The supply of paper and cardboard is under severe pressure. In Finland, for example, paper factories have been on strike since January, and some French factories have also stopped production this week. The European label makers' association has issued a warning and expects a complete standstill of the industry within a few weeks, because there is no more paper available.
"Panic is the first word that comes to mind," says one of the largest label printers in the fresh produce sector. "In Finland there have been strikes since 3 January and 80% of the glassine paper used for labels for the European market comes from Finland. We aren't getting any paper and so we can't make labels. The strike has in any case been confirmed until 2 April, and no one knows what will happen after that. We are now getting paper from everywhere we can to supply our customers."
"The prices are much higher. The choice at the moment is: you either get labels or you don't. And if you want labels, you will have to pay one and a half times as much as usual. I used to give prices for three months, now we only give prices for a week. With the soft fruit season approaching, this is also a dire situation for many fresh produce companies. If you take a good look at the supermarkets, you see that the shelves are already empty. And supplying without a label is a difficult."
Scenarios come to mind with simpler labels, where, for example, only the type of tomato and the price is listed instead of all the logos and extra information. Understandably, the news is currently all about other things, and this news seems to have been completely overshadowed, even though it will have a great impact on many. Stocks will dry up eventually. In England, printing presses have been standing still for weeks because they simply cannot get any paper. Moreover, we are bound by purchasing quotas", says the printer.
Alternatives are hardly available, he says. "Some customers are switching to plastic backing paper. But not everyone can process PET automatically without adjustments. Especially the sensors for automatic labelling lines do not recognise PET. The only alternative is exotic materials from Asia, South America and the Middle East, but that is not the quality we are used to. Large e-commerce parties are now looking at the possibilities of printing the label directly on the box, without a label. But even then the boxes have to be available."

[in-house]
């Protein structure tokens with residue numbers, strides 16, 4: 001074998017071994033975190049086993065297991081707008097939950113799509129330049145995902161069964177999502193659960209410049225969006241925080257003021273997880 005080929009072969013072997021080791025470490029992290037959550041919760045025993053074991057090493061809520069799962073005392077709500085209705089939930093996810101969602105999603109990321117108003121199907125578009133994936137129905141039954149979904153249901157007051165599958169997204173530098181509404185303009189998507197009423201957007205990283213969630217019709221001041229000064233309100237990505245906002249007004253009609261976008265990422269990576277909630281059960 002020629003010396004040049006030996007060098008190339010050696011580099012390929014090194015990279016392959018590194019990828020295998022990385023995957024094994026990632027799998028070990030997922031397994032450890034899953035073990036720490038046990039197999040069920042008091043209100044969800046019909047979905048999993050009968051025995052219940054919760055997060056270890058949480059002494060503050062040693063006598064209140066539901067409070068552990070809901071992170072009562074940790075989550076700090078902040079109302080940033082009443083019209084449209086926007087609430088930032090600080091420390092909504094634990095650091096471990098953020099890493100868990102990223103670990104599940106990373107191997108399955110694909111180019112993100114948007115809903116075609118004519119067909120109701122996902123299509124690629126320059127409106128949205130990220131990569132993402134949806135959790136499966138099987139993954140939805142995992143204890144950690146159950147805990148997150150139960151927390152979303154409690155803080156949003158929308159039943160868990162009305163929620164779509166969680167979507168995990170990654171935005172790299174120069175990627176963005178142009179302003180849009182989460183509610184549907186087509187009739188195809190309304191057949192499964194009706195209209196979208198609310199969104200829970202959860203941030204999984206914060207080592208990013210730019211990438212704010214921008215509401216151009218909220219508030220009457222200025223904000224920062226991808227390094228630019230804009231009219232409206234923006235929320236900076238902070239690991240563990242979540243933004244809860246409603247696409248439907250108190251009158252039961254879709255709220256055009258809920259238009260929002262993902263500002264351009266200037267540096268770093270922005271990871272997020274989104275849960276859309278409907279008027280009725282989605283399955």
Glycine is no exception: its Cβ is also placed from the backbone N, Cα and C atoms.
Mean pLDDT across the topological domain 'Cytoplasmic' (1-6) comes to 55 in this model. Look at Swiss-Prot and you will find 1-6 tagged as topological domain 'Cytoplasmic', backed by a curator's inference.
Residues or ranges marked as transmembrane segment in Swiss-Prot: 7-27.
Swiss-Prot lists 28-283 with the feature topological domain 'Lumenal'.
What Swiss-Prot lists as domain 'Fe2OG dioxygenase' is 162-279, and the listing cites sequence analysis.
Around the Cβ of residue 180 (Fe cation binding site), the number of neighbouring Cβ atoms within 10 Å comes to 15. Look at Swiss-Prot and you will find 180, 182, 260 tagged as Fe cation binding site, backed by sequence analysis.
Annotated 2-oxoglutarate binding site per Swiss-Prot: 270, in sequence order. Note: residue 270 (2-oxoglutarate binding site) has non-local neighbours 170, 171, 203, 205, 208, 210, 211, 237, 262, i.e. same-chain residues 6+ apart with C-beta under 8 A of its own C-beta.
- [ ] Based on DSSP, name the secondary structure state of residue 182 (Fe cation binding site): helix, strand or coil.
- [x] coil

Nino Venezia of Dutch Graphic Group from Venlo also recognises the panic in label land. "The prices of label materials have risen by 40% in one year. The big global manufacturers can apparently suffer the loss caused by the strike in Europe, they make so much money that there are no serious negotiations with the strikers in Finland."
Nino and Gino Venezia
"The situation is really bizarre. I used to buy truck loads at the same time and the delivery was reasonably quick, but now an order time of ten, twelve weeks is no longer an exception. What's more, the price has tripled in the meantime. Label printers are already at a standstill. Fortunately, I saw the situation coming in June of last year and bought up an extra truck load here and there, with as a result that we are still able to operate at full speed in Venlo. For us, the supply of Polypropylene-PP is the biggest challenge at the moment. We are working day and night to get that supply.
The situation has led Dutch Graphic Group to announce a customer stop. "We are inundated with new requests, but we want to be there for our existing customers in the first place. They deserve our support. We are really protecting our customers at the moment who have always had confidence in us. A man is a man, his word is his word. But under the new tenders I put that they are valid for three days and also depend on what material is in stock at the time. Recently I was able to grab a world tender with a good price, but I don't issue set prices anymore, the situation is too volatile for that at the moment."